• At step 5682, an optical alignment tool may be used to visually align button member 5650 and base layer 5652. For example, a visual image of button member 5650 and base layer 5652 may be captured using a digital camera. The visual image may be processed using a computer or may be examined manually while the angular and translational orientation of button member 5650 relative to base layer 5652 are adjusted using manually and/or automatically controlled rotation and translation stages.
  • Once aligned, button member 5650 may be attached to base layer 5652 to form button 5619 using a layer of pressure sensitive adhesive at step 5684 (e.g., by pressing these structures together using an assembly tool or moving portions of the alignment tool).
  • At step 5686, button member 5650, base layer 5652, and dome switch 5672 may be assembled within device 10, as described in connection with FIG. 6.
  • Electronic devices such as cellular telephones often contain components such as vibrators, switches, microphones, and audio jacks. Because of size and performance constraints, it can be challenging to mount these components within the confines of a device housing. If care is not taken, it may not be possible to use desired materials or to provide desired levels of performance within a device housing of a given size. In conventional device arrangements, components are sometimes constructed in a way that compromises performance or that uses more space than necessary. While such conventional arrangements can be used to produce an operational device, the compromises that are made in using these arrangements can result in devices with poor aesthetics, suboptimal performance, and unnecessary device bulk.
  • It would therefore be desirable to be able to provide improved electronic device components and mounting arrangements for these components.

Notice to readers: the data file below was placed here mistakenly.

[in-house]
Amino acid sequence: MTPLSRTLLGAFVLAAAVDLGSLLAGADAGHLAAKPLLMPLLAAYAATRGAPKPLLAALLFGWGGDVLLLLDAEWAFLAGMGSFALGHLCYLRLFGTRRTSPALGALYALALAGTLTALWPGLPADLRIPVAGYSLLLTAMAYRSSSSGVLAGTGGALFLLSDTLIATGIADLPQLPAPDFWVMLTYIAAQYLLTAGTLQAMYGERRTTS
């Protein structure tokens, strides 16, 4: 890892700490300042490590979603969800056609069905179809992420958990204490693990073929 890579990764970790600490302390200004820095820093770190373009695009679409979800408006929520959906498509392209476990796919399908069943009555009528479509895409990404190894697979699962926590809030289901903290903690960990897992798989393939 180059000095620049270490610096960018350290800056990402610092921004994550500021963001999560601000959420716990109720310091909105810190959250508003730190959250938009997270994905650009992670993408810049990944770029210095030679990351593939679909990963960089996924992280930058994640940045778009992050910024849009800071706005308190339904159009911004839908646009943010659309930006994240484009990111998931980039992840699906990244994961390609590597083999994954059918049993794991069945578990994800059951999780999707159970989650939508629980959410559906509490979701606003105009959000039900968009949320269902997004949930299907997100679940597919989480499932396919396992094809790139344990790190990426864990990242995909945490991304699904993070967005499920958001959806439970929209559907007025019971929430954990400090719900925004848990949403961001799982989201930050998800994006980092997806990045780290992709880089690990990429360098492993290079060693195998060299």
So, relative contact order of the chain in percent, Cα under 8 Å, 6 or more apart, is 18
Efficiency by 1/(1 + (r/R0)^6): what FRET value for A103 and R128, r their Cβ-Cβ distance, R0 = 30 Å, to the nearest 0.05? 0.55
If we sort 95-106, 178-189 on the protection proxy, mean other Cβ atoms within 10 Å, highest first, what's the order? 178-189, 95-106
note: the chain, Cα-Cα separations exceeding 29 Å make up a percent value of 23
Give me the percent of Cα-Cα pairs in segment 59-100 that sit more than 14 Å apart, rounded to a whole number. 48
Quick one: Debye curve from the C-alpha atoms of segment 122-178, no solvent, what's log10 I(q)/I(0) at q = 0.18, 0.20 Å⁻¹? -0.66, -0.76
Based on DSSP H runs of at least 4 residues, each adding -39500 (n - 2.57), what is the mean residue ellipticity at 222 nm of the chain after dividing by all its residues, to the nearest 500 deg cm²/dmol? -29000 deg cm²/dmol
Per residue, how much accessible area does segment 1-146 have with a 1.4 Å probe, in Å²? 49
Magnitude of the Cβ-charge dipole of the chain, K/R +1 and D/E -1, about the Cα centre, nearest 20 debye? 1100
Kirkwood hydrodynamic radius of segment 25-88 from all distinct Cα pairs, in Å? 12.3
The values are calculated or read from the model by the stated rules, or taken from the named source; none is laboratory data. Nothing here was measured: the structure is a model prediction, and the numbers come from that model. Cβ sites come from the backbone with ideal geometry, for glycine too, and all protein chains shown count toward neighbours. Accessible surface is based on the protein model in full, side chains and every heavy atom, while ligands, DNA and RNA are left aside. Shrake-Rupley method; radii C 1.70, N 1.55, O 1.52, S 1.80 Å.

• In accordance with one embodiment, an electronic device may be provided with a housing having housing sidewalls. A housing structure such as a plate may be connected to the housing sidewalls. Ports such as ports for an audio jack and a microphone may be formed in the housing sidewalls.
  • An audio jack may be mounted to the housing plate adjacent to the audio jack port. A microphone may be mounted between the audio jack and the housing sidewall. A biasing structure such as a layer of compressed foam may be interposed between the audio jack and the microphone to bias the microphone against the housing sidewall in the vicinity of the microphone port.
  • A vibrator may be mounted between one of the sidewalls and the audio jack using a bracket. The vibrator may have a weight that is tapered along its length.
  • A button may be formed in a button opening in one of the housing sidewalls. The button may have a button member with a protrusion that extends through the button opening in the sidewall. A support structure may be interposed between a switch and the button member. The switch may have a portion that extends through an opening in the support structure. This portion of the switch may be received within the button member, so that the switch can be actuated by moving the button member within the button opening. A lubricating coating may be formed between the button member and the housing sidewall.
  • In accordance with an embodiment, an apparatus is provided that includes an electronic device housing structure having an opening, a button member having a protrusion that protrudes through the opening, wherein the electronic device housing structure has a first wall portion that lies above the button member and a second wall portion, and a lubricating coating interposed between the button member and the second wall portion, wherein the first wall portion has a thickness that is smaller than the second wall portion.